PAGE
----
The news that Facebook is set to launch its own cryptocurrency for Whatsapp at some point this year has sparked speculation as to whether social media companies might usher crypto into the mainstream. But Facebook is, by some metrics, already late to the party, and although its huge user base may propel it to the top regardless, there are already established players who hope to become the de facto crypto partner for younger, nimbler apps that live outside the Facebook ecosystem.

Kik, the anonymous messaging app from the Canadian company Kik Interactive, launched its own cryptocurrency Kin late last year. Kin has since been spun off into its own entity, and has gone on to partner with a raft of small social apps, such as Tapatalk, a community platform that reportedly has a user base the size of Reddit, and Vent, an anonymous social diary platform.


The VP of product at Kin, Alex Frenkel, says that the decision was taken by Kik because the company felt that it had exhausted the possibilities of its traditional business model. It found that the ‘data mining and personalised ads’ model pioneered by Google and Facebook was an inappropriate means of monetising their 300 million users. “They realised that blockchain and crypto could provide an intelligent business model,” says Frenkel. 

How? "The fundamental property of crypto is that there is a finite supply, so as demand for the currency grows, so too does the value," says Frenkel, explaining that developers holding Kin will see its value increase over time, and allow them to trade it in to fund operations and growth. 

Now, users of Kin apps can obtain the currency in-app, or earn Kin by creating value for other users or by completing small tasks such as helping with brand consumer research. For example, Kin users can be rewarded in crypto by fellow users for their contribution to a particular forum.

He says that a user's ability to choose data privacy and to engage with brands only if they want to - rather than being bombarded with ads - are potent draws.

Although Kin was initially built on the Ethereum blockchain - launching an ICO as an ECR20 token - the currency later moved to its own blockchain, a custom fork of the Stellar network. The cryptocurrency is not completely decentralised. Instead, a group of pre-selected and verified validators process the transactions on the blockchain. Right now, this offers the network greater speed of transactions than a fully decentralised system, although the company signalled in early 2019 that complete decentralisation is still the end goal.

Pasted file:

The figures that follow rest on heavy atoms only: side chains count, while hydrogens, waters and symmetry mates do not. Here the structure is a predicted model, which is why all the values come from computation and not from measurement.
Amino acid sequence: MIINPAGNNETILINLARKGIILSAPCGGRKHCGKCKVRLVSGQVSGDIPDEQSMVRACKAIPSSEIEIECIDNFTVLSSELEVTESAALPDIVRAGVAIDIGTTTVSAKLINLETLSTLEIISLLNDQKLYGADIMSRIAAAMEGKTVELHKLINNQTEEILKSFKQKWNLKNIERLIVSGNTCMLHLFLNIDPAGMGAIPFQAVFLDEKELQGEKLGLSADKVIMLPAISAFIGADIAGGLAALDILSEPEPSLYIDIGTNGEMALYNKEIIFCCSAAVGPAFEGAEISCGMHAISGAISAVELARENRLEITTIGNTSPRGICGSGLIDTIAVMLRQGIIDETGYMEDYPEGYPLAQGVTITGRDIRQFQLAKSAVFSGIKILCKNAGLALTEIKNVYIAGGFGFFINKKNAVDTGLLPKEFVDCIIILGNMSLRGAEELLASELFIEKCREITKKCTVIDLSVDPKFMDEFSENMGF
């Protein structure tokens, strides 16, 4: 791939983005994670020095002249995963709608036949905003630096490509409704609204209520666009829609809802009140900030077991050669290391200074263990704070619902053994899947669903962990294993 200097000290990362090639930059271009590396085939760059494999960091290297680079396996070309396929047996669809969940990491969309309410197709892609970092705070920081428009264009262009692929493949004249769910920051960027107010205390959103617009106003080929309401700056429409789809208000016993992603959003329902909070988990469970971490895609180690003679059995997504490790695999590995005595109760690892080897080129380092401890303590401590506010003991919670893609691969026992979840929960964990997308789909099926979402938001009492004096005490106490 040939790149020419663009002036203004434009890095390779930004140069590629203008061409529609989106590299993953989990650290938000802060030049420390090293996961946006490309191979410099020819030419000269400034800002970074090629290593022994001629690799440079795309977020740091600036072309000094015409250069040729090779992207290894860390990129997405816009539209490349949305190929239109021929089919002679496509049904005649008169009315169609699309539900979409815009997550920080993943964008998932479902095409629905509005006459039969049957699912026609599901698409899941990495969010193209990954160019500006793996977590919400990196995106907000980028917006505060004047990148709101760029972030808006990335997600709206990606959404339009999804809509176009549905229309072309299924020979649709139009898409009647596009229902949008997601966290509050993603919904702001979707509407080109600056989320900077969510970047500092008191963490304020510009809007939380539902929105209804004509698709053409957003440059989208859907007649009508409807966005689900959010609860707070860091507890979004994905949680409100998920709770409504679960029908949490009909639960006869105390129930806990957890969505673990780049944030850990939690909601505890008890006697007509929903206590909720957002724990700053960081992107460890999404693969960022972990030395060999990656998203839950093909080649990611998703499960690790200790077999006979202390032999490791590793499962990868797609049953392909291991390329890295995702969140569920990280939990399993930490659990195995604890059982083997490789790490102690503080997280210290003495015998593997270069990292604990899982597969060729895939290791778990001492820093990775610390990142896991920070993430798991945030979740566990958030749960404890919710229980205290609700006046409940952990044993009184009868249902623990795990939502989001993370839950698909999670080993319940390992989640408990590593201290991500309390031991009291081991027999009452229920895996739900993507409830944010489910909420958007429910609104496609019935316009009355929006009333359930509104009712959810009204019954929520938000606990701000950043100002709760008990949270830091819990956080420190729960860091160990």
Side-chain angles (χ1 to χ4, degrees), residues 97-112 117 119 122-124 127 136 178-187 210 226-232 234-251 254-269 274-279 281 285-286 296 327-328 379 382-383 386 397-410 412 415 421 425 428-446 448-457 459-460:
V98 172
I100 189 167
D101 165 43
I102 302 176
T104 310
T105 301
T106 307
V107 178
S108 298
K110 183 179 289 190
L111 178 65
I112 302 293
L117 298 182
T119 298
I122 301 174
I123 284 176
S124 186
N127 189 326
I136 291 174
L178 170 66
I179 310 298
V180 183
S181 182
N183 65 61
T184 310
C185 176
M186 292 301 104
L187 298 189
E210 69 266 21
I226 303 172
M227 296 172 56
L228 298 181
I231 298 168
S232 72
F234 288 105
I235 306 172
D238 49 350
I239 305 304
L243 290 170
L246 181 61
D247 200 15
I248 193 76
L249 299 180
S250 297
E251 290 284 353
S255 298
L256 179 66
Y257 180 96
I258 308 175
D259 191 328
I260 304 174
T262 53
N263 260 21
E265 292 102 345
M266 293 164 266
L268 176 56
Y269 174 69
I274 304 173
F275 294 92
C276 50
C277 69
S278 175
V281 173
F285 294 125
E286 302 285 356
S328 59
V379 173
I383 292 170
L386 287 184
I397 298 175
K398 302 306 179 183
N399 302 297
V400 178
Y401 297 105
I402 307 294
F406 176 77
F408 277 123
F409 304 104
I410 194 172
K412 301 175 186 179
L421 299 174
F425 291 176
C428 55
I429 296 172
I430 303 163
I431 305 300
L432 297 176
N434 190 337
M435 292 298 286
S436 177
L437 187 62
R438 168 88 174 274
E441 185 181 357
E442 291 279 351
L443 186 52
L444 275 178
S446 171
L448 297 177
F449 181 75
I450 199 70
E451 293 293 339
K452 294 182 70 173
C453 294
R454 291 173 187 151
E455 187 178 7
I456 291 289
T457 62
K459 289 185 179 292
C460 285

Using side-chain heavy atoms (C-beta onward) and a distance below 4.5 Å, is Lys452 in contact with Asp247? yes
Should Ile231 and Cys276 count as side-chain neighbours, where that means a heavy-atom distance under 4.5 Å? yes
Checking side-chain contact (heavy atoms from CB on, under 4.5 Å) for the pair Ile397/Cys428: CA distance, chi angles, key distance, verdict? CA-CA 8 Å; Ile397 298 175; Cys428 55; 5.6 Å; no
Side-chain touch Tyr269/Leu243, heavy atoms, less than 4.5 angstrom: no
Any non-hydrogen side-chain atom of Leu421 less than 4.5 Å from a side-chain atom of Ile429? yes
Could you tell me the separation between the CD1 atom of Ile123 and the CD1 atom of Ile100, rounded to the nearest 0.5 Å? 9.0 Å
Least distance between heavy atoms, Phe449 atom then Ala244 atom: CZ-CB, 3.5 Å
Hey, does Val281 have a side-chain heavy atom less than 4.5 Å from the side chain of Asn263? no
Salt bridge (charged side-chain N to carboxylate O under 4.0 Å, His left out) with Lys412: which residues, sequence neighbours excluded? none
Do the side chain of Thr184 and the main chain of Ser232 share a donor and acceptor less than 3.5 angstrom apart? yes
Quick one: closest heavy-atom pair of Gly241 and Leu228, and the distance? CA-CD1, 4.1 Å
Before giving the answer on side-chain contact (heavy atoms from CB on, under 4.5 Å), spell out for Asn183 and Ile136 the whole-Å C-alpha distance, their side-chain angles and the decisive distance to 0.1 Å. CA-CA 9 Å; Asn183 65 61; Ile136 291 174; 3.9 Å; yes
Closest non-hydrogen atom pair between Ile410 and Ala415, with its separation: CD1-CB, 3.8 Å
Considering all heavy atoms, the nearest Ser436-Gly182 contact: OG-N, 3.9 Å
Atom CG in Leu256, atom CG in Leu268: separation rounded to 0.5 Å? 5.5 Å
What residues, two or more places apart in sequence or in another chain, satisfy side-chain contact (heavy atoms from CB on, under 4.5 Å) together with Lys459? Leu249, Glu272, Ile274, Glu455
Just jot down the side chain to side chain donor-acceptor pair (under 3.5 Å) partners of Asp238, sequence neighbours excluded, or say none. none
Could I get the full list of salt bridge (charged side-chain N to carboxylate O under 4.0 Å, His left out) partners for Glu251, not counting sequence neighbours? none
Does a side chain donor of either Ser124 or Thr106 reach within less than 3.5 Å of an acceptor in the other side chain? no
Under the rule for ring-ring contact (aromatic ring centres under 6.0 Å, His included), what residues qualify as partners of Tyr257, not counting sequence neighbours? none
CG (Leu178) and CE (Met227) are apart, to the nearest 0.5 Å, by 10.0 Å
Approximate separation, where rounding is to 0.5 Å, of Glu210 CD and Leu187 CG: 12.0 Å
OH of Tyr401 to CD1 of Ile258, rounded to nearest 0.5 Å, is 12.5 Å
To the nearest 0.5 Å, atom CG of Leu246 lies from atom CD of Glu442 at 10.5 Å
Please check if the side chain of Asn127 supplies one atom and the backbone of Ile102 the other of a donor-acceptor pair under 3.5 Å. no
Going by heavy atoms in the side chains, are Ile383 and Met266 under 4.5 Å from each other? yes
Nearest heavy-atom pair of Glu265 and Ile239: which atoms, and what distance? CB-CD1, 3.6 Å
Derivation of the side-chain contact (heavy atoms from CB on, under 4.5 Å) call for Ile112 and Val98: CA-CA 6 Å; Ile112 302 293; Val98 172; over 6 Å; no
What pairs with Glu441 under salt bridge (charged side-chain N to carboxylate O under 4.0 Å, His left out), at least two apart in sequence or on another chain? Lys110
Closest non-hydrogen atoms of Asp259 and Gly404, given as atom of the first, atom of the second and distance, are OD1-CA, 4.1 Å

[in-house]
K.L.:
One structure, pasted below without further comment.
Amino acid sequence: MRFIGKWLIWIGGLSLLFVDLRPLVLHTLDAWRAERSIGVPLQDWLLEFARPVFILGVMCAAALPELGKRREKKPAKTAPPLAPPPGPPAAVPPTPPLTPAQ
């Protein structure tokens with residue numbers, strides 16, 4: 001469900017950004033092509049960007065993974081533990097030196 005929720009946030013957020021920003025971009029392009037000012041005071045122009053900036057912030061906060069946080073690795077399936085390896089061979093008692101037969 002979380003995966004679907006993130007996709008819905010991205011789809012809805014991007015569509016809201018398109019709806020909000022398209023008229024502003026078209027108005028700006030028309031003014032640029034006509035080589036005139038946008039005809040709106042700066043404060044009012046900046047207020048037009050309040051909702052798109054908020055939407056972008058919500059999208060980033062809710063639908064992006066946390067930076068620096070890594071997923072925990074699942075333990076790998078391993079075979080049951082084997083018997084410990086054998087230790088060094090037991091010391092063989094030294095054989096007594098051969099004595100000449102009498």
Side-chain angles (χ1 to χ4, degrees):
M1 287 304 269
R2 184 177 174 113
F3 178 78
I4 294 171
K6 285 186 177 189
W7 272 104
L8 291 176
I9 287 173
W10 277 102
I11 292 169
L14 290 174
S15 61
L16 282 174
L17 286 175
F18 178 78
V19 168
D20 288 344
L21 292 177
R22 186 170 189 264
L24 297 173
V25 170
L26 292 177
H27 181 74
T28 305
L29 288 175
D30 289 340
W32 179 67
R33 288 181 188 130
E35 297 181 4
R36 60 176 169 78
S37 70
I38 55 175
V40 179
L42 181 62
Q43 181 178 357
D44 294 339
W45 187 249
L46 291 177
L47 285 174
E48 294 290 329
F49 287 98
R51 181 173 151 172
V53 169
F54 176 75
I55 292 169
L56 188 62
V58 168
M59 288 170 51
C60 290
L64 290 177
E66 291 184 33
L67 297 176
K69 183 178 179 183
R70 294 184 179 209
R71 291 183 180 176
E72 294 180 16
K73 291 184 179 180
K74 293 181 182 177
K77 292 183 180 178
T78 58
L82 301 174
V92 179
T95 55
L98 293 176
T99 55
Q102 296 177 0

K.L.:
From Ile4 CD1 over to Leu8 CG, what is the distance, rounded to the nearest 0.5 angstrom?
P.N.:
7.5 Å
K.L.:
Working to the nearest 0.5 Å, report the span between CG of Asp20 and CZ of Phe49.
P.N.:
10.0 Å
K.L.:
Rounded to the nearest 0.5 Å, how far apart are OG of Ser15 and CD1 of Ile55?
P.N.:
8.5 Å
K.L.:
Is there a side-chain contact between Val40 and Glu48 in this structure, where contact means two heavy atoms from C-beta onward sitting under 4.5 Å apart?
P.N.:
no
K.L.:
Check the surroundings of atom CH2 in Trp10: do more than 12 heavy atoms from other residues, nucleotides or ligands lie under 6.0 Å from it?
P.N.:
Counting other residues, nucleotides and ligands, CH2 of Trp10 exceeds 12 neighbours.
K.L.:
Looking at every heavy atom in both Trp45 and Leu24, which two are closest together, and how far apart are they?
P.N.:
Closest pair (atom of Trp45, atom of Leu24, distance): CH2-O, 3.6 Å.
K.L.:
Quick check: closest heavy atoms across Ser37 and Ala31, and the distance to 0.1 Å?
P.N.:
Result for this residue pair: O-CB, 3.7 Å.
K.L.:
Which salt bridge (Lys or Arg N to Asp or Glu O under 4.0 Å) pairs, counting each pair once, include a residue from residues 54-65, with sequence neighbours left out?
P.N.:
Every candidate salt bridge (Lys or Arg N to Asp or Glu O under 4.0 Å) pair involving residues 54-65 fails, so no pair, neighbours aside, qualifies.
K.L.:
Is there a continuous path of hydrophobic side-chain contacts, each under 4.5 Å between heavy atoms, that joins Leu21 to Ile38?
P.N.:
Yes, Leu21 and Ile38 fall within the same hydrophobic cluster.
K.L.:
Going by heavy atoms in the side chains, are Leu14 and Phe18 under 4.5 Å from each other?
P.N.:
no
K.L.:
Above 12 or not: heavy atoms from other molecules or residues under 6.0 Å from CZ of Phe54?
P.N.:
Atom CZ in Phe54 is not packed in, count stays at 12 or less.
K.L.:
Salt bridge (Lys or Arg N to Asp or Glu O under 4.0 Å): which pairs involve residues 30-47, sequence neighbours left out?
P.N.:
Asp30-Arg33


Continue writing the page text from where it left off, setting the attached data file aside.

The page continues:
The most important KPI for the currency is monthly active spenders, which reportedly numbers in the 100,000 range right now. However, given that the network effect is a strong driver of currency usage, Kin is hoping to integrate with as many apps as possible. 

“When I look at developers like Medium, or many other big platforms, I think that they will integrate the currency," says Frenkel. "Only currency that has value across many different platforms will be successful, because that's the only way those developers will be able to compete with big monopolies in terms of the value that can be created.”

Frenkel says that since Kin launched, many other platforms in the social media sphere have approached the company. In fact, he says they will be announcing a partnership with a big player in the space - counting more than 60 million users - in a couple of weeks time.

Social media giants like Facebook can afford to create their own blockchains and cryptocurrency, however Kin hopes to appeal to those not quite at that level. “When I look Snapchat, and other companies, I don't think they will create their own currency," says Frenkel, "that just doesn't make sense."

Gaming is another potentially vast market for crypto, given most games already incorporate some form of in-game currency. "We have a partnership with Unity, which is the biggest games engine, and we're going to announce a folder for game developers that integrate Kin very, very soon," says Frenkel.